But an important question remains on whether all teachers at different tiers are genuinely good for students, educational institutes and society. Of course, it is not surprising at all to say that all teachers cannot or do not play the desired professional roles, although there are many teachers who are good for students and others and play the expected roles. Even though there are institutional and locality-based differences, a considerable portion of educational institute-based teachers ranging from the primary to the highest levels —both in the mainstream and other settings —in Bangladesh do harmful acts against students in a variety of ways, impart harmful ideas, norms and values to students, and fail to maintain professional integrity and to play their desired roles for society.
On some occasions, a portion of educational institute-based teachers, who are rendered as mentors of students and are supposed to help students to make good career plans, harms their careers so badly. This is especially the case in the higher educational institutes in which teachers have more opportunities compared to those at the primary or secondary level as students’ careers are related to their higher education on most occasions. Also, there are convincing criticisms that a portion of teachers makes unethical relations with students reflecting unacceptable characters that in turn reflect an imbalanced power between teachers and students. Of course, such a phenomenon is seen not only in the mainstream educational institutes but also in others such as Madrasha.
Of course, important questions remain on why a portion of teachers do not or cannot play the desired roles and why a portion of teachers do harmful acts. Of course, there are many reasons that may be rendered from several viewpoints such as personal, educational institute-based and broader society-based. Some important personal reasons are attitude towards life, personal education, personal norms and values and hegemonic mentality. Of the diverse personal factors, personal norms and values and hegemonic mentality are very crucial. In fact, teachers are usually less influenced by others because they are valued socially. Such a phenomenon can shape personal norms and values depending on the personality traits of teachers and can make some teachers more hegemonic.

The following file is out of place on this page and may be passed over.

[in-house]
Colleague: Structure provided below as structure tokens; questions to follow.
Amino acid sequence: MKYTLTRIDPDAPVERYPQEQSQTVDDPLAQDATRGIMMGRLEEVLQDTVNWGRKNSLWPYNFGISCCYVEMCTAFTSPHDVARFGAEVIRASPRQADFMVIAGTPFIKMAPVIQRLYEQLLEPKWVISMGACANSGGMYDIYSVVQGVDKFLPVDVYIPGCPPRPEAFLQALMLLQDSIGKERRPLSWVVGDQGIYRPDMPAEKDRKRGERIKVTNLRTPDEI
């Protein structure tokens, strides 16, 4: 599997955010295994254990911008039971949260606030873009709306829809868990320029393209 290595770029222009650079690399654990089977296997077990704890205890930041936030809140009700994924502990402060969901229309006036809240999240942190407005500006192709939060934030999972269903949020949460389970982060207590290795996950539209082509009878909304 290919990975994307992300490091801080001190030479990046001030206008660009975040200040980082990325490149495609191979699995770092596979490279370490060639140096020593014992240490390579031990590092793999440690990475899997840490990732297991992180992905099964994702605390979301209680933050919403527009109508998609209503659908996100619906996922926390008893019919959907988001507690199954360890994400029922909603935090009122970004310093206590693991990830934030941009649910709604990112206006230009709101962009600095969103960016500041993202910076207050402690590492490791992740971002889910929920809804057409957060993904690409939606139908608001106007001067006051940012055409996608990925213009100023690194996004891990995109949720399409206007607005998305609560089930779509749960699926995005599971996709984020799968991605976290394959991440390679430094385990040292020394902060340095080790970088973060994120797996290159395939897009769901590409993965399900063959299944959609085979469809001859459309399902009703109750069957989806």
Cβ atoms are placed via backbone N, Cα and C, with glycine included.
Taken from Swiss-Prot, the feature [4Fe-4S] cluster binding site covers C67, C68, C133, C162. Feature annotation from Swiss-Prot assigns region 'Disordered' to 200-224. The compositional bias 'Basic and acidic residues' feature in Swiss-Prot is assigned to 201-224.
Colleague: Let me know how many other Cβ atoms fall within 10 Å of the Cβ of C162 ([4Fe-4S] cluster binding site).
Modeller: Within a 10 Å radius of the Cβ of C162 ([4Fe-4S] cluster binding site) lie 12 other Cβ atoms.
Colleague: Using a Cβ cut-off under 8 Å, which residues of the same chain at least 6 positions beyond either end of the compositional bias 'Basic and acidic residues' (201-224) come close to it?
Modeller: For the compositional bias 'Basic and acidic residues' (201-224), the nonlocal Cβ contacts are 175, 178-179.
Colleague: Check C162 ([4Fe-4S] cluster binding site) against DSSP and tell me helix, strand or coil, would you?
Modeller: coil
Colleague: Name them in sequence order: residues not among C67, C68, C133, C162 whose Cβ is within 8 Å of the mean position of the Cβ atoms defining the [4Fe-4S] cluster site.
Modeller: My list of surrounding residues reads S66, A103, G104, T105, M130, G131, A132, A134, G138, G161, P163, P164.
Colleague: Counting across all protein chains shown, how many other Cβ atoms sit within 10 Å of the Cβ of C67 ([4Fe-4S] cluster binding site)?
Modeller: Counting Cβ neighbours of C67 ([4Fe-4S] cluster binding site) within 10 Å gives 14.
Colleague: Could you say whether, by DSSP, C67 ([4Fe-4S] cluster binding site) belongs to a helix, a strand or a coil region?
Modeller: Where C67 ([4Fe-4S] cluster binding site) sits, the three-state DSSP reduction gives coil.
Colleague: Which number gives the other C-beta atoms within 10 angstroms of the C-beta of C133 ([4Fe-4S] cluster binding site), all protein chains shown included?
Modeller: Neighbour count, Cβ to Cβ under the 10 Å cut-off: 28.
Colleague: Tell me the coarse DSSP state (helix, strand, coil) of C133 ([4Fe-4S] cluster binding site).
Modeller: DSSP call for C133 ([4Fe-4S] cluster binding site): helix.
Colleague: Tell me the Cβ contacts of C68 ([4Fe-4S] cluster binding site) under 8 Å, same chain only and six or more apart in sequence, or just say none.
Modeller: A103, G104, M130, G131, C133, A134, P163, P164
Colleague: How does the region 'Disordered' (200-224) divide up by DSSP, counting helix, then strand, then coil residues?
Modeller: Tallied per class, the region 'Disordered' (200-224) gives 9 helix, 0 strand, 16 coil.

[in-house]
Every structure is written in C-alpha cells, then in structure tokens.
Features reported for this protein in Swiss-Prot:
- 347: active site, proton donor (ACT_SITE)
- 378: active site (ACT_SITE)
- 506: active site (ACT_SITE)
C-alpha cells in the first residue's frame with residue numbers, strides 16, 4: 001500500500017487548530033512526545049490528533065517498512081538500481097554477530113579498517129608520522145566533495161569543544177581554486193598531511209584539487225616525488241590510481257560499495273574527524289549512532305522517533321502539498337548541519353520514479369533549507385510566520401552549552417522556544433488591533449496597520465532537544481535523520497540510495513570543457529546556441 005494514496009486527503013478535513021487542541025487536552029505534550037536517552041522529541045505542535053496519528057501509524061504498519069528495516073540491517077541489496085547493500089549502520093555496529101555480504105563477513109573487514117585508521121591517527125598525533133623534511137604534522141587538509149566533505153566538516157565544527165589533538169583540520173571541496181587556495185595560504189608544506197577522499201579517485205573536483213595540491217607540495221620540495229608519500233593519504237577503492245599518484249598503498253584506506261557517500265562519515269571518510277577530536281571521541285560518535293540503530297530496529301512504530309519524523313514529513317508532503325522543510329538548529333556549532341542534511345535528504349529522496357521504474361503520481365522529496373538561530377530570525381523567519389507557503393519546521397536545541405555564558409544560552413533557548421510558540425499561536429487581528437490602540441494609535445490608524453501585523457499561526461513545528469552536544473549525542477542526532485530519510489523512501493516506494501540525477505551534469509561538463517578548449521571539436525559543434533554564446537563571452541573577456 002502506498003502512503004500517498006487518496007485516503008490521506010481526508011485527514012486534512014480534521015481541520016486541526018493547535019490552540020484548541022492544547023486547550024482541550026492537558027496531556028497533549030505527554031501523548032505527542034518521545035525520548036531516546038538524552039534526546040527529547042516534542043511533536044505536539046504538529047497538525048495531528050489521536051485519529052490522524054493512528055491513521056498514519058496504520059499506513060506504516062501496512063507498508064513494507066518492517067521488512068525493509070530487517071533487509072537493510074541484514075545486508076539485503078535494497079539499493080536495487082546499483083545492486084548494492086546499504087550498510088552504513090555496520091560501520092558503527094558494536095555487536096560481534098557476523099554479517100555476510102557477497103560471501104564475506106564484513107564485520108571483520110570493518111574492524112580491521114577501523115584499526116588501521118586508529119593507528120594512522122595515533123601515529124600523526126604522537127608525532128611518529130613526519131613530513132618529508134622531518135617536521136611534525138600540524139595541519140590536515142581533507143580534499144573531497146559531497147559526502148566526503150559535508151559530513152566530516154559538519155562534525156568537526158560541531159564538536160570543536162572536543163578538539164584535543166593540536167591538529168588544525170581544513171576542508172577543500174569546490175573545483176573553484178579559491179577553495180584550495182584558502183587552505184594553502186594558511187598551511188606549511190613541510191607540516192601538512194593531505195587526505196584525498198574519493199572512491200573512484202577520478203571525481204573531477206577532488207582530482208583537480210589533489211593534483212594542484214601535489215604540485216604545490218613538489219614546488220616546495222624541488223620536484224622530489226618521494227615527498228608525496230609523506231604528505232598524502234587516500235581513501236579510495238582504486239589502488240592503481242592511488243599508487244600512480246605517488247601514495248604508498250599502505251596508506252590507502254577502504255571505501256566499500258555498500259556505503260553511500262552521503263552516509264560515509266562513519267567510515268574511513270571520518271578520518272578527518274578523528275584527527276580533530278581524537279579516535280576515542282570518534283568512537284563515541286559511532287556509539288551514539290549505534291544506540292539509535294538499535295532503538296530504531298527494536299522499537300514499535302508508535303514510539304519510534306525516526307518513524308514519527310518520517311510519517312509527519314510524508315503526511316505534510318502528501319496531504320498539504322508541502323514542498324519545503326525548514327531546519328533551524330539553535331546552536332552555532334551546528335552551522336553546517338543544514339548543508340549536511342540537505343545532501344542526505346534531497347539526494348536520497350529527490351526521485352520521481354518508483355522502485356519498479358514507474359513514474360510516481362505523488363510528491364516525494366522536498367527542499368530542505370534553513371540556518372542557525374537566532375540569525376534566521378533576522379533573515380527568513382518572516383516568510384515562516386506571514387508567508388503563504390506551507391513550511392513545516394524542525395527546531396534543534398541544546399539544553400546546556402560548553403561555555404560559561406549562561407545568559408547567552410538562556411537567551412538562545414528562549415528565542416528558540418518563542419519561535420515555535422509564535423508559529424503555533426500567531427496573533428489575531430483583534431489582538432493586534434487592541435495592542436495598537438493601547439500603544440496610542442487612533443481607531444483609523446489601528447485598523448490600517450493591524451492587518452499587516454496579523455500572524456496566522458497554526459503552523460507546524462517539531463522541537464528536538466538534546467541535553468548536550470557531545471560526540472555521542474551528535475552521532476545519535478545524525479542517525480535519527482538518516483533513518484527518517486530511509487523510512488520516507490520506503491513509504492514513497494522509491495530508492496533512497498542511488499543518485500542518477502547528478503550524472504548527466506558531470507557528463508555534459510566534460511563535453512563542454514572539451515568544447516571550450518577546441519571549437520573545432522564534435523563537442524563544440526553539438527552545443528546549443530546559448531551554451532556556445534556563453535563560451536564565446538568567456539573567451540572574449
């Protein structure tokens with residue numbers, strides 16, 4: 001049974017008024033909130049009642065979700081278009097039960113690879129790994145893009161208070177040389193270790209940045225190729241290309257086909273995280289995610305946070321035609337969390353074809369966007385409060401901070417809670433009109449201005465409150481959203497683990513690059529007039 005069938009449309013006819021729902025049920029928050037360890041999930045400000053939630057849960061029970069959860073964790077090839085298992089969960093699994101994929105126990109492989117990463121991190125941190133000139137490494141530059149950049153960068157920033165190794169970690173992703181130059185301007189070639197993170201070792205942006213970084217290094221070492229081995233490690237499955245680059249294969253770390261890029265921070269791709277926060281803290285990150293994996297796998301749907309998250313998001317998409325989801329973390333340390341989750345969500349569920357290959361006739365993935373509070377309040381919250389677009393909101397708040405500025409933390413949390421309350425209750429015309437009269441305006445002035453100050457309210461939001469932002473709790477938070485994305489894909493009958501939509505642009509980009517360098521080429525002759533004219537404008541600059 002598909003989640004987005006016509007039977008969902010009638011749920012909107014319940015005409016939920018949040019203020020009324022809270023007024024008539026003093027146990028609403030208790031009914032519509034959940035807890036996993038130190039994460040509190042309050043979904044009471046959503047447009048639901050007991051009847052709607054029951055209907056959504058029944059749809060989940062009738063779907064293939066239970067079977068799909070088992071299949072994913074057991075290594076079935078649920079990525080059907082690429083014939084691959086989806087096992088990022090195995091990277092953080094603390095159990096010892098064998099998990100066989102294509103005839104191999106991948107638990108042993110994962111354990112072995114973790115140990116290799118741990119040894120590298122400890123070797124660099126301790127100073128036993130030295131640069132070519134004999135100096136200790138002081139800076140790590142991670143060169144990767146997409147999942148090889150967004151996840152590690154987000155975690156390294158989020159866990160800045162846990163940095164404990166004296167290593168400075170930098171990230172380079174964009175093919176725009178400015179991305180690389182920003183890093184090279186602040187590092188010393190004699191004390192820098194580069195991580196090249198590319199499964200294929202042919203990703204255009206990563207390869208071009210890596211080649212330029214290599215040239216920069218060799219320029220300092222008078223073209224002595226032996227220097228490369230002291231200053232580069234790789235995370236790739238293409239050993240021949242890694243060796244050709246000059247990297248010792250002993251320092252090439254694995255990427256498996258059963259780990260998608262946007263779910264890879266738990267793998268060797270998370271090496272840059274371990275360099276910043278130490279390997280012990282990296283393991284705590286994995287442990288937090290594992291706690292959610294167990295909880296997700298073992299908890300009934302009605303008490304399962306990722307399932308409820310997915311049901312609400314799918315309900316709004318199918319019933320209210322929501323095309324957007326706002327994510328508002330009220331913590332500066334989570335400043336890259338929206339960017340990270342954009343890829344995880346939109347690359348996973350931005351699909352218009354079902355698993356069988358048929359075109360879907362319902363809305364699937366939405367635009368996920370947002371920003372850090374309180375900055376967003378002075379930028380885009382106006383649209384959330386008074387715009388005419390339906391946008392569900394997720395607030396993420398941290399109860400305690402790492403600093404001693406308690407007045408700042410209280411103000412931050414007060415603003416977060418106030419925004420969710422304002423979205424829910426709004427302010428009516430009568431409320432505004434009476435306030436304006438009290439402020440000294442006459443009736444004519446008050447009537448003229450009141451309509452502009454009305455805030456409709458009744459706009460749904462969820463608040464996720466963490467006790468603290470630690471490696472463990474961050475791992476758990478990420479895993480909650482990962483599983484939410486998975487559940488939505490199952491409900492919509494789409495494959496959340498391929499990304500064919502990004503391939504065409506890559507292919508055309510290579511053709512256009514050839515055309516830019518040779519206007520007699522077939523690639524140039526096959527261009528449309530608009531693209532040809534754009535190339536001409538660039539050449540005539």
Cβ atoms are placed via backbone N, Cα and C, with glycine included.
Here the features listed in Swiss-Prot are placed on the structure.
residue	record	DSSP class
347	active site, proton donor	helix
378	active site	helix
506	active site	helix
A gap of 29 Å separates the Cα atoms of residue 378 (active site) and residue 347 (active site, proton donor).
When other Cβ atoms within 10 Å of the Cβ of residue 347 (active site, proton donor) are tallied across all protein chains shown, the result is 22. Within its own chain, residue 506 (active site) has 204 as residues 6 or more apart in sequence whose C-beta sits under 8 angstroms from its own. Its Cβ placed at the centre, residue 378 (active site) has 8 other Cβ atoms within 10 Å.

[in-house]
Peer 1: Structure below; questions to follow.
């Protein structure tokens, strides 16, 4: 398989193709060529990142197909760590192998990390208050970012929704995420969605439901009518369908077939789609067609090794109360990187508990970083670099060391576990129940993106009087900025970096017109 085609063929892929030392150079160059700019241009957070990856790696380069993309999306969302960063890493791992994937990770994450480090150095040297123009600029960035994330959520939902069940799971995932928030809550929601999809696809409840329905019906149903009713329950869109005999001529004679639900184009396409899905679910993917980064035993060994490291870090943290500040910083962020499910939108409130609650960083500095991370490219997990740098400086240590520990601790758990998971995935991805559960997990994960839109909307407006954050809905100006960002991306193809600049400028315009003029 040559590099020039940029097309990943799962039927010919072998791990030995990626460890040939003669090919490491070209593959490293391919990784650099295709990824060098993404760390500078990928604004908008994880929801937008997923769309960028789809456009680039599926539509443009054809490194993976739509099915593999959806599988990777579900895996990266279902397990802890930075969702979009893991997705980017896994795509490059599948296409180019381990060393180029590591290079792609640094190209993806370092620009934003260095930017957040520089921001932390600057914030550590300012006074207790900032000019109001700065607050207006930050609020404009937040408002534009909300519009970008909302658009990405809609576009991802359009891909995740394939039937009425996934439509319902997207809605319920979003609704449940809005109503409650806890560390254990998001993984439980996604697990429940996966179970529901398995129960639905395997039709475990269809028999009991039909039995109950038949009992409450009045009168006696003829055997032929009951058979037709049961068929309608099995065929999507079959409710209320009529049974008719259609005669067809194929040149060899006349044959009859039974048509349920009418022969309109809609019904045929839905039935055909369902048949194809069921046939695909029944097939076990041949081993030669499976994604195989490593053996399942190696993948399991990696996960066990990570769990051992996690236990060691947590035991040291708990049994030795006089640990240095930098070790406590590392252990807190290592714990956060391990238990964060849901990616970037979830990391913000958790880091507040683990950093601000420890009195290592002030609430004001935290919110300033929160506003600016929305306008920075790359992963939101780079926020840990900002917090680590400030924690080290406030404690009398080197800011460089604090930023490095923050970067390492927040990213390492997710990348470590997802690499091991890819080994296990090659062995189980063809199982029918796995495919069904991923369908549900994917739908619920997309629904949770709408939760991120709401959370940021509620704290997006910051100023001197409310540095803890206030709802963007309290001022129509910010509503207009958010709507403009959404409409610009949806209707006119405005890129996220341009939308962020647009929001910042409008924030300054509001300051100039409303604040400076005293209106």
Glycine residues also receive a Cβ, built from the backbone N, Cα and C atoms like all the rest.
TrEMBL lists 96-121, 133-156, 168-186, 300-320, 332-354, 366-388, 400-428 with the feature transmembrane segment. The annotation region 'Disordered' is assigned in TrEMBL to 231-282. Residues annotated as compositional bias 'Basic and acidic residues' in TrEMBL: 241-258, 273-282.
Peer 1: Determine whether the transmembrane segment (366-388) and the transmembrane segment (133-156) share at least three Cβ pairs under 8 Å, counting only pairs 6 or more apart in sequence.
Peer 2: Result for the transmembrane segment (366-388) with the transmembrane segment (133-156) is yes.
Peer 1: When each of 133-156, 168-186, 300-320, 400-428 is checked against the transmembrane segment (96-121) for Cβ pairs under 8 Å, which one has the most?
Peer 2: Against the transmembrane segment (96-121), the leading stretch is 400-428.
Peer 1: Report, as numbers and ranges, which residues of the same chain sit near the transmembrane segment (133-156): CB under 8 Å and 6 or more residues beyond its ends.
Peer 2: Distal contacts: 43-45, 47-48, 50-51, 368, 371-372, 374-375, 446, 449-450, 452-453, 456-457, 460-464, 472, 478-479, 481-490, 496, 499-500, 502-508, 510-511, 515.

Educational institute-based and wider social reasons are also very crucial factors. Some institute-based reasons are the culture of educational institutes, recruitment process and recruitment criteria of educational institutes and educational institute-based regulatory system.
Moreover, some notable wider social reasons may be the overall culture of a society, the national recruitment process and the national mechanism of regulation of educational institutes. Of the diverse community–based and wider social reasons, the recruitment process needs some detail here. The existing process is flawed as political consideration is given priority on many occasions and there are criticisms that recruitments are sometimes made based on corruption and the level of trust of students. More importantly, the existing recruitment criteria focus on academic qualifications only.
It is, thus, important to make sure that an effective regulatory system in educational institutes is developed and the right candidates become teachers at different tiers. Of course, the recruitment of teachers should not be politicized and corrupted. But political intervention may not be unacceptable at a limited scale especially when educational institute-based recruiters do not do justice for certain right candidates for personal disliking or perceived threat to hegemonic mentality. Moreover, some changes are very much needed in the recruitment criteria. In addition to the educational qualifications of candidates, some other criteria including responsibility to others and respectfulness to others need to be developed and employed so that educationally qualified, responsible and right candidates are recruited.